Tungsten hexachloride

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Tungsten hexachloride
Tungsten(VI) Chloride.jpg
Tungsten hexachloride Hexachlorotungsten.svg
Tungsten hexachloride
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3D view
IUPAC names
Tungsten hexachloride
Tungsten(VI) chloride
3D model (JSmol)
ECHA InfoCard 100.032.980 OOjs UI icon edit-ltr-progressive.svg
EC Number
  • 236-293-9
PubChem CID
RTECS number
  • YO7710000
  • InChI=1S/6ClH.W/h6*1H;/q;;;;;;+6/p-6
  • Cl[W](Cl)(Cl)(Cl)(Cl)Cl
Molar mass 396.61 g/mol
Appearancedark blue crystals, moisture sensitive
Density 3.52 g/cm3
Melting point 275 °C (527 °F; 548 K)
Boiling point 346.7 °C (656.1 °F; 619.8 K)
Solubility in chlorocarbonssoluble
71.0·10−6 cm3/mol
α:rhombohedral, β: hexagonal
0 D
Occupational safety and health (OHS/OSH):
Main hazards
oxidizer; hydrolysis releases HCl
Related compounds
Other anions
Tungsten hexafluoride
Tungsten hexabromide
Other cations
Molybdenum(V) chloride
Chromyl chloride
Related compounds
Tungsten(IV) chloride
Tungsten(V) chloride
Except where otherwise noted, data are given for materials in their standard state (at 25 °C [77 °F], 100 kPa).
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Tungsten hexachloride is the chemical compound of tungsten and chlorine with the formula WCl6. This dark violet blue species exists as a volatile solid under standard conditions. It is an important starting reagent in the preparation of tungsten compounds. [1] Other examples of charge-neutral hexachlorides are rhenium(VI) chloride and molybdenum(VI) chloride. The highly volatile tungsten hexafluoride is also known.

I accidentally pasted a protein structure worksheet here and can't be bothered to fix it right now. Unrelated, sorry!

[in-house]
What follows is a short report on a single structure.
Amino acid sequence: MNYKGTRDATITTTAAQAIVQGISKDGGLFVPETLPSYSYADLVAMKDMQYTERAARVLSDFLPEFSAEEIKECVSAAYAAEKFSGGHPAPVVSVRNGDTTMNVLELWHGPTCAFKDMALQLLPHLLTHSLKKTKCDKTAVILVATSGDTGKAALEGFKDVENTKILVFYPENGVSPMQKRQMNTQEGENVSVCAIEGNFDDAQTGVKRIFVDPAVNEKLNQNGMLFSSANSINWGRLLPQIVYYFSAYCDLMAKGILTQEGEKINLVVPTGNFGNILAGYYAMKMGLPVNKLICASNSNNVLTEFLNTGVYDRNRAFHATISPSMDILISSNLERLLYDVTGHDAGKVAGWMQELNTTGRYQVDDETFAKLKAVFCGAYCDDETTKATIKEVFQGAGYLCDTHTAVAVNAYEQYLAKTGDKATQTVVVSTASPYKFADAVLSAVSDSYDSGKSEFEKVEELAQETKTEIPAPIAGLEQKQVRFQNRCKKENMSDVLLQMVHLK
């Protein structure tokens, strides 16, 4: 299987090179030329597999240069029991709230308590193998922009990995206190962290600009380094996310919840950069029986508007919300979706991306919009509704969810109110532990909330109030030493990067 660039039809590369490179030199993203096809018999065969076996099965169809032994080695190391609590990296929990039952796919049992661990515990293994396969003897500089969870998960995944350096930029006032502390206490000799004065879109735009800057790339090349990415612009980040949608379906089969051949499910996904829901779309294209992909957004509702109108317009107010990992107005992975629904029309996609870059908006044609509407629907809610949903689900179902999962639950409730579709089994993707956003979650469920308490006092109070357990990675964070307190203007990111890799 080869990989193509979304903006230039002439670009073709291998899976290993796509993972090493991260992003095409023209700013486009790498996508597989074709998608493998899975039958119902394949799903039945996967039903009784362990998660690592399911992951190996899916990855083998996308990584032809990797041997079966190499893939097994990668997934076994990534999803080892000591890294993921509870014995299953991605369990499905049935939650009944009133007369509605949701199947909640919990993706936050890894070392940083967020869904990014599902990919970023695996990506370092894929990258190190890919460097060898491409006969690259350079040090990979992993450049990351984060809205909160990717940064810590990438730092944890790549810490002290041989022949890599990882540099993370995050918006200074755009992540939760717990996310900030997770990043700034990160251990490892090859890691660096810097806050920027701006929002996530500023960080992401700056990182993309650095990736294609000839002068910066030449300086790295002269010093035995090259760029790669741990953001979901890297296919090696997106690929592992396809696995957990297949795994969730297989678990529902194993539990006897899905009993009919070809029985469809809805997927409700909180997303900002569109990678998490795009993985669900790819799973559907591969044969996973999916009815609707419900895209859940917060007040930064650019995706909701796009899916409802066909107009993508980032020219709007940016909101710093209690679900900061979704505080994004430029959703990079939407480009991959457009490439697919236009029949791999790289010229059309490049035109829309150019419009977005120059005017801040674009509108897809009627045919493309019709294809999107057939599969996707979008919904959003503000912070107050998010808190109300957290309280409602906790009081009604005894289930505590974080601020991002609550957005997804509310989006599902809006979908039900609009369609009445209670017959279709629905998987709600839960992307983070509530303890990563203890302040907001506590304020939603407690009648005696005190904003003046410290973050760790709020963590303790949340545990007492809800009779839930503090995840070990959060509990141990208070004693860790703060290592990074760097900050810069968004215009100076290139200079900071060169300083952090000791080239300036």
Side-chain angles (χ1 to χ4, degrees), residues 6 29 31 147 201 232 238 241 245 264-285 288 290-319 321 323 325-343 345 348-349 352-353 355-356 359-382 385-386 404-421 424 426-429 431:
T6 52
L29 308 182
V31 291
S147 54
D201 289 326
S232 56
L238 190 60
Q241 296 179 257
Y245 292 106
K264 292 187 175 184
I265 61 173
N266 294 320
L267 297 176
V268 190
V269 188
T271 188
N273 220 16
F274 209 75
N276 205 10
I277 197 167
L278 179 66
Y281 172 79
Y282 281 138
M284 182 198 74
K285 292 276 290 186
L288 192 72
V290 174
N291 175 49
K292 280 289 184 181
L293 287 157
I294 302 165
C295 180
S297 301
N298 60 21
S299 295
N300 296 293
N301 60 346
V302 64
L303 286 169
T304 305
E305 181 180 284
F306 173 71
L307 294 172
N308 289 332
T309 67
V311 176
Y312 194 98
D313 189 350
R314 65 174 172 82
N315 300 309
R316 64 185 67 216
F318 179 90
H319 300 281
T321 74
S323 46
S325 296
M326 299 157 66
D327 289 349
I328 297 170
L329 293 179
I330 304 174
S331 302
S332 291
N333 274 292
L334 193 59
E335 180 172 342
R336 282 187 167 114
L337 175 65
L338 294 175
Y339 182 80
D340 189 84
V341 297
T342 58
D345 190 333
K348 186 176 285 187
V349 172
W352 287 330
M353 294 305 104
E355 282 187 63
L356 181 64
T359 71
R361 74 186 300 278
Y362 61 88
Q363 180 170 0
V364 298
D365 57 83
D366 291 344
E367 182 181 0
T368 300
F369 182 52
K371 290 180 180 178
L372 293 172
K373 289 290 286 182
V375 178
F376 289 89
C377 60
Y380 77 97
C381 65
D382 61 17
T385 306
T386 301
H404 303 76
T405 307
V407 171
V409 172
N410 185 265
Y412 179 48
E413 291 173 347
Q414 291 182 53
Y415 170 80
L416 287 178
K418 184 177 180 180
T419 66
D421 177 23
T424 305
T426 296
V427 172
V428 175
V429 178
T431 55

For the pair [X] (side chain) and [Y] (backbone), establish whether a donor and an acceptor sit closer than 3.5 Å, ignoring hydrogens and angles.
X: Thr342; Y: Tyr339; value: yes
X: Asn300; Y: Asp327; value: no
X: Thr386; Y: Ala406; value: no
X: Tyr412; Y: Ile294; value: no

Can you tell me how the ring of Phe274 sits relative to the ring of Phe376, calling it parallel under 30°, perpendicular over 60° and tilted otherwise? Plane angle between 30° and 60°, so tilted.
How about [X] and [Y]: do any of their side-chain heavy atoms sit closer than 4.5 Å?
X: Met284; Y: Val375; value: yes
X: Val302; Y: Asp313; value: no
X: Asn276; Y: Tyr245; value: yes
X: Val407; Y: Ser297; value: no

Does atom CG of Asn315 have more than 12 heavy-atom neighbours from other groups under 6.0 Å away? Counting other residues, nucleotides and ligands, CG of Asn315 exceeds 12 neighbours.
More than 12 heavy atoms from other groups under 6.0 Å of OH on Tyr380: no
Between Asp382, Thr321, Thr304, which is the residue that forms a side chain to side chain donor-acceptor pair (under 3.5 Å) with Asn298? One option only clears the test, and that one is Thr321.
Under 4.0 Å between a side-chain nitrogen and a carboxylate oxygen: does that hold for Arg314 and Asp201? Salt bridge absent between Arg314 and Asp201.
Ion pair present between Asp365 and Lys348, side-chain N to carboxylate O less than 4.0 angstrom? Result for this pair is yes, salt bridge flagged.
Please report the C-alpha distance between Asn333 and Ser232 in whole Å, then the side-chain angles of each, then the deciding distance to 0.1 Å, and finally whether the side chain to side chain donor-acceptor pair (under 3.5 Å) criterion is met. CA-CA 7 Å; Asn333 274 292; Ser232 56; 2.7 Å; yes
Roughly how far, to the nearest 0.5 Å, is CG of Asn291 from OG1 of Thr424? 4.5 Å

As a d0 ion, W(VI) forms diamagnetic derivatives. The hexachloride is octahedral with equivalent W–Cl distances of 2.24–2.26 Å. [2]


Tungsten hexachloride can be prepared by chlorinating tungsten metal in a sealed tube at 600 °C: [3]

W + 3 Cl2 → WCl6

Properties and Reactions

Tungsten (VI) chloride is a blue-black solid at room temperature. At lower temperatures, it becomes wine-red in color. A red form of the compound can be made by rapidly condensing its vapor, which reverts to the blue-black form on gentle heating. It is readily hydrolyzed, even by moist air, giving the orange oxychlorides WOCl4 and WO2Cl2, and subsequently, tungsten trioxide. WCl6 is soluble in carbon disulfide, carbon tetrachloride, and phosphorus oxychloride. [3]